My notes on the Agricultural Bank of China IPO preparations

The following were notes developed for an interview on BBC’s Asia Business News programme today (9 June 2010) on the forthcoming IPO of Agricultural Bank of China (ABC). My comments were ahead of the China Securities Regulatory Commission (CSRC) announcing later in the day if the IPO is a yea or a nay.

I thought I should just jot down some of the thoughts that will be on my mind on this issue.

1. I thought that the original size of the proposed IPO was just the bank testing the market. I do think the bank always had only about $20b in mind as the size for the IPO. I think the bank is being confident to get approval the size as part of the government’s need to mop up excess liquidity in the domestic market. The regulators are quite clearly going to par it down for several reasons – it has never been done before, failure would have repercussions on the appetite for Chinese bank offerings, there are already two other rights issues from more established names in the market (CCB and ICBC). I think that $15b is a more realistic size, although $20b is more likely.

My concerns about the ABC IPO are as follows:

2. The bank does not have a strong enough management bench strength. It will have a good team on the IPO led by people who are trusted in the global capital marketplace – led by no less than Pan Gongsheng, who led the ICBC IPO a few years ago. But there is not enough top management personalities in ABC of the calibre as in ICBC and CCB – for areas like risk management, branch banking, technology and so on, where work to strengthen the bank has hardly even started.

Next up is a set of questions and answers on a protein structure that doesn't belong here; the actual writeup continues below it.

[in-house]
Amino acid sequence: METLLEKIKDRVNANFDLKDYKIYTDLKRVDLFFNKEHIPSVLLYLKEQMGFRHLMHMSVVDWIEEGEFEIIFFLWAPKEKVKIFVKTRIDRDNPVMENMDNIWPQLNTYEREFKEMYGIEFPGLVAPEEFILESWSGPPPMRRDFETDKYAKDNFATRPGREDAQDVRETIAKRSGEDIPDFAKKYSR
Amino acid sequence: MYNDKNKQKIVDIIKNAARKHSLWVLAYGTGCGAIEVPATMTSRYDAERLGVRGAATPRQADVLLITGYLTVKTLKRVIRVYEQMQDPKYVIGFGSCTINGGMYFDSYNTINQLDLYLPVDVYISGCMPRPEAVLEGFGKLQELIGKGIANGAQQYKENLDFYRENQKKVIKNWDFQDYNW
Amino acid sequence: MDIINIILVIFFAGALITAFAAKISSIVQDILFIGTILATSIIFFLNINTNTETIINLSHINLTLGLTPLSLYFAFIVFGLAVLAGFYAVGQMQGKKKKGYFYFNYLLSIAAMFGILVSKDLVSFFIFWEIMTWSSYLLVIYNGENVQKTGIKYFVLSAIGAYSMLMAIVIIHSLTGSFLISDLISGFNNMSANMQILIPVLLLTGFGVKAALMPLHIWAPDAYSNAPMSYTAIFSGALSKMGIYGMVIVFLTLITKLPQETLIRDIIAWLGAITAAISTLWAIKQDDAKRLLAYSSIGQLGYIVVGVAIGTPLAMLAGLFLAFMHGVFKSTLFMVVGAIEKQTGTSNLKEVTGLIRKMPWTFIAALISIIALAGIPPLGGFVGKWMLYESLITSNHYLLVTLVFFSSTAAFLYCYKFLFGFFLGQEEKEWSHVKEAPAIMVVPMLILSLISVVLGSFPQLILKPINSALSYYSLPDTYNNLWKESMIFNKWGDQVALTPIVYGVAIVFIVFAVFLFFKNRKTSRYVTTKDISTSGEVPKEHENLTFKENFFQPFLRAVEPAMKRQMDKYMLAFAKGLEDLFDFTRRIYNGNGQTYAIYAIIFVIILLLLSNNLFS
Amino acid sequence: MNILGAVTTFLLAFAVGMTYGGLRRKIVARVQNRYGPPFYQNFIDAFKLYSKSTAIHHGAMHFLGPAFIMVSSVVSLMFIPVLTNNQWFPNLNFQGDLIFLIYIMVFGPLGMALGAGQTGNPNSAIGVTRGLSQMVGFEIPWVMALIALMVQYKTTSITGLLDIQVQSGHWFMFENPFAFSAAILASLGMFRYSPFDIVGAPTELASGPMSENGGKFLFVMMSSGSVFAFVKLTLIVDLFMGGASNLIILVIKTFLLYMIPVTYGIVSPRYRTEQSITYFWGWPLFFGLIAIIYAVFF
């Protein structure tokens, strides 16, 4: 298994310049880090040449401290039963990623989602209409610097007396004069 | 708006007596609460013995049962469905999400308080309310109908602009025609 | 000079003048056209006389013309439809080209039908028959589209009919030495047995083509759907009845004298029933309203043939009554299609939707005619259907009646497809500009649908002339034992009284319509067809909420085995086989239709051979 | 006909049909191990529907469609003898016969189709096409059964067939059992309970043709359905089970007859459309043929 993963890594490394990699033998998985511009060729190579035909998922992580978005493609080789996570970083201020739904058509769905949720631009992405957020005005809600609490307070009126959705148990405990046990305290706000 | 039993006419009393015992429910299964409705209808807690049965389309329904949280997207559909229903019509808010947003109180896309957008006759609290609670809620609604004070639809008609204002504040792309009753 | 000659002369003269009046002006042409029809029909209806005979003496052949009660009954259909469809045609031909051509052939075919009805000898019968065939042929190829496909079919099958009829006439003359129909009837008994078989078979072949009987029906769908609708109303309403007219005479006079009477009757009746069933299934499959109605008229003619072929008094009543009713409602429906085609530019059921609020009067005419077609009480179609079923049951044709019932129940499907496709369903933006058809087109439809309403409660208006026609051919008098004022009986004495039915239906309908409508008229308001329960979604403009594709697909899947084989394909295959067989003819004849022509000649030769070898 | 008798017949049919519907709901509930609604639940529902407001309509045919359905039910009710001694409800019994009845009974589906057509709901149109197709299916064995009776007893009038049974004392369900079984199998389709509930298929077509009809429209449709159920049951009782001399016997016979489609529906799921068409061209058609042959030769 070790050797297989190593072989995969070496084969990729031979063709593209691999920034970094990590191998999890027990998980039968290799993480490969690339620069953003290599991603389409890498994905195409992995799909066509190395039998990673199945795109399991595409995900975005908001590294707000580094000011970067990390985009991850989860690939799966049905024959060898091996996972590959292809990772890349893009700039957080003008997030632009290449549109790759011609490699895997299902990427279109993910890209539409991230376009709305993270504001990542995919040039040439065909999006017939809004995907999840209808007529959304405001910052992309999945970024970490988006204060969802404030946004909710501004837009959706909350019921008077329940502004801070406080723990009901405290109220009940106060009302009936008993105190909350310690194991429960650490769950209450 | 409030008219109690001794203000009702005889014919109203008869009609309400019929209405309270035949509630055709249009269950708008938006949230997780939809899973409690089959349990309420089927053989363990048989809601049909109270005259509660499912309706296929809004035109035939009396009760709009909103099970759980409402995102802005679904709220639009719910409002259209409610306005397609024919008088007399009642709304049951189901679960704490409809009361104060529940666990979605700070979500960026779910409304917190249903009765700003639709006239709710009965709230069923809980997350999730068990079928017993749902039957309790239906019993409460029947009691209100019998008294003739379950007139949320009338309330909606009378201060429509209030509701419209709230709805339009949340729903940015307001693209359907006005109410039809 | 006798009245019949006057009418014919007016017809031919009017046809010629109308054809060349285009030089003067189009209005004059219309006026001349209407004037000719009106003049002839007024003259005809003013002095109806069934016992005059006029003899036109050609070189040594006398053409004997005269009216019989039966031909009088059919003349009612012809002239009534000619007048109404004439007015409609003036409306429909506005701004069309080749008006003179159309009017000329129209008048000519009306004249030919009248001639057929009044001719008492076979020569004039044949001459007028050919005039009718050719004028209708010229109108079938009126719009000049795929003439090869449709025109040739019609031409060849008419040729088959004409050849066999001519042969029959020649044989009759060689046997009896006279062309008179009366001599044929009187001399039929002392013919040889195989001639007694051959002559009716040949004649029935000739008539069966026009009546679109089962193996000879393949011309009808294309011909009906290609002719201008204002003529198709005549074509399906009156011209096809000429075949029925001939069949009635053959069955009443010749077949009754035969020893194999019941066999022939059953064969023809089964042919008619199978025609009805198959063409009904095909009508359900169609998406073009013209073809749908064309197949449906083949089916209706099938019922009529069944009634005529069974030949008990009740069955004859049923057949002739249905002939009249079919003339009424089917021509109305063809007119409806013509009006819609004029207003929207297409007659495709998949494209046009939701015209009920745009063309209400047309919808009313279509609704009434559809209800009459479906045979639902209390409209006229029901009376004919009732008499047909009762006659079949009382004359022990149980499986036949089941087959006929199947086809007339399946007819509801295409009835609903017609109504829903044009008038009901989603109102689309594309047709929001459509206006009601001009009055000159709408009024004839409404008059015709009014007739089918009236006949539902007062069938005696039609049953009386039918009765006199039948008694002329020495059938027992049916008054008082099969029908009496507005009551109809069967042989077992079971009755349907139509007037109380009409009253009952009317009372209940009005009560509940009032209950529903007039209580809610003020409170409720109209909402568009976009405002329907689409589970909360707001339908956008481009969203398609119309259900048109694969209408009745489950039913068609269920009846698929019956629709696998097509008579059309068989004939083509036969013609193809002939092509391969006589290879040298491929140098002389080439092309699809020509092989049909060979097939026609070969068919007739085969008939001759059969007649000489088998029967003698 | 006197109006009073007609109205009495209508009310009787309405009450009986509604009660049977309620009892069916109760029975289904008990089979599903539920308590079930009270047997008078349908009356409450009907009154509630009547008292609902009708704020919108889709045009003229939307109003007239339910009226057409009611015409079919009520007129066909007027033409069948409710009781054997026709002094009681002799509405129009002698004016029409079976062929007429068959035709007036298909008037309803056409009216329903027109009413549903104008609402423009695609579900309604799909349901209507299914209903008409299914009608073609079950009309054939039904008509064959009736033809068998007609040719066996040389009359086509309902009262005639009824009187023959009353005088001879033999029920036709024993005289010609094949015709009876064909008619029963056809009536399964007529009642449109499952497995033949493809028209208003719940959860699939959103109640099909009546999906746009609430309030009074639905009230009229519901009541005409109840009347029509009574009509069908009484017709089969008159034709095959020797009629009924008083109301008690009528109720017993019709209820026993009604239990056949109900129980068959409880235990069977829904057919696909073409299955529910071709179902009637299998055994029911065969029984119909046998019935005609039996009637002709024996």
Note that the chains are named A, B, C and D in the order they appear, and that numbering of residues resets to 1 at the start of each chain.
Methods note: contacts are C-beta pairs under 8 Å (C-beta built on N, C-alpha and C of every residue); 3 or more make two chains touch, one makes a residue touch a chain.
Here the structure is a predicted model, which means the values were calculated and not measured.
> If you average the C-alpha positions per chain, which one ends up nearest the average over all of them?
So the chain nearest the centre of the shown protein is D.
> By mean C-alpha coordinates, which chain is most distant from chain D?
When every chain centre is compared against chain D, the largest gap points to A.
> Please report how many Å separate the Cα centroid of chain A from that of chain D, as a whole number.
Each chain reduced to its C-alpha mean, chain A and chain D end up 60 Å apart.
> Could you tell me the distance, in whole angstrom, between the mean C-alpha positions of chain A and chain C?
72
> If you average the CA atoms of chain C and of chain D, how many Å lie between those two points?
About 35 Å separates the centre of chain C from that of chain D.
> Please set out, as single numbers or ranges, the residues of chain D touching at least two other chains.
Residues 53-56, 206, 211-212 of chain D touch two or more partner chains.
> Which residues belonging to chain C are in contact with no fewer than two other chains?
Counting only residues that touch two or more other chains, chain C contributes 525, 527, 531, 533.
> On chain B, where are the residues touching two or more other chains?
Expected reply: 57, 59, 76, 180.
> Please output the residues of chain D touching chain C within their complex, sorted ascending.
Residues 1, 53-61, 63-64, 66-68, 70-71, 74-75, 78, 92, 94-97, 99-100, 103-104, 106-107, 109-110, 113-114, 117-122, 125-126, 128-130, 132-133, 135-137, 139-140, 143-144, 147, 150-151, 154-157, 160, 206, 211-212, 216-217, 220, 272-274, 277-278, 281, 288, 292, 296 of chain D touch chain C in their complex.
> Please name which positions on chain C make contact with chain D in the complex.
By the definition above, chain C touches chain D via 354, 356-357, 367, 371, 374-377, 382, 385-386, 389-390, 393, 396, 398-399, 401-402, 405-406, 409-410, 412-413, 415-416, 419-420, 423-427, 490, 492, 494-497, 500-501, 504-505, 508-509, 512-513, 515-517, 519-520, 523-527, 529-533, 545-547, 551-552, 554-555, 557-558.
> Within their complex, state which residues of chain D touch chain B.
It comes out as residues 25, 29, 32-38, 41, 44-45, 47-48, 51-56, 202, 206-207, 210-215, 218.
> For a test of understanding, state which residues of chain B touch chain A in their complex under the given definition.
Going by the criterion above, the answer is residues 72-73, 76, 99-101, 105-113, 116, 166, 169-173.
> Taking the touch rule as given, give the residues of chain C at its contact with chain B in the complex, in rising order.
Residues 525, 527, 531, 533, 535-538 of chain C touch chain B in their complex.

3. I met the chairman last year and he gave me the sense that he was trying to second guess what the policy makers want the bank to focus on. At the time of meeting me, he was selling me the idea that the bank was not a rural credit bank in the strict sense, but a bank that focused on the small businesses in the small towns across China (much of it in the agricultural value chain, but not entirely so). Today, the bank’s positioning appears to have changed yet again as it says that it is indeed a rural credit player. It is my view that rural credit is high cost, high risk and not tenable for a bank that wants to raise capital from the global capital markets and still meet national social objectives. This kind of focus is best left in the hands of a policy bank. Yet, it appears that the policy makers are dithering even at this stage as to what to allow the bank to be positioned as in order to give the green light for a global listing.

4. I don’t like the fact that the bank appears to be using a different name in preparation for the IPO. All across China, the Agricultural Bank of China is also known as ABC Bank. A very clear, simple and powerful name. For the IPO, it is using the name Agbank because someone advising the bank thinks that aligning it closer to the more successful banks of Europe with agricultural roots (eg. Credit Agricole) makes sense. Within China, I do not see any campaign by the bank to re-brand itself at the street level. So this mixed messages to foreigners and to locals undermines the brand of the bank and also the integrity of the people positioning the bank for the IPO. It should be called ABC Bank because that is what the power of its franchise really is. This ambivalence in the way it is positioning its name is an indication of other areas where the bank will be flip-flopping during and after the IPO.

5. The groundwork leading to IPO is far less developed than it was when BOC, ICBC and CCB originally went to market. When the first three Big Four banks went to market in the early 2000s, they had: (1) tamed the non-performing loans on their balance sheets (2) started extensive risk management training and processes (3) found strategic partners who gave them a baseline from which to price their IPOs as well as provided much needed technical advice (4) clearly defined their business lines (5) started investing in technology to support all the change (6) scaled down staff strength and branch networks to par down costs.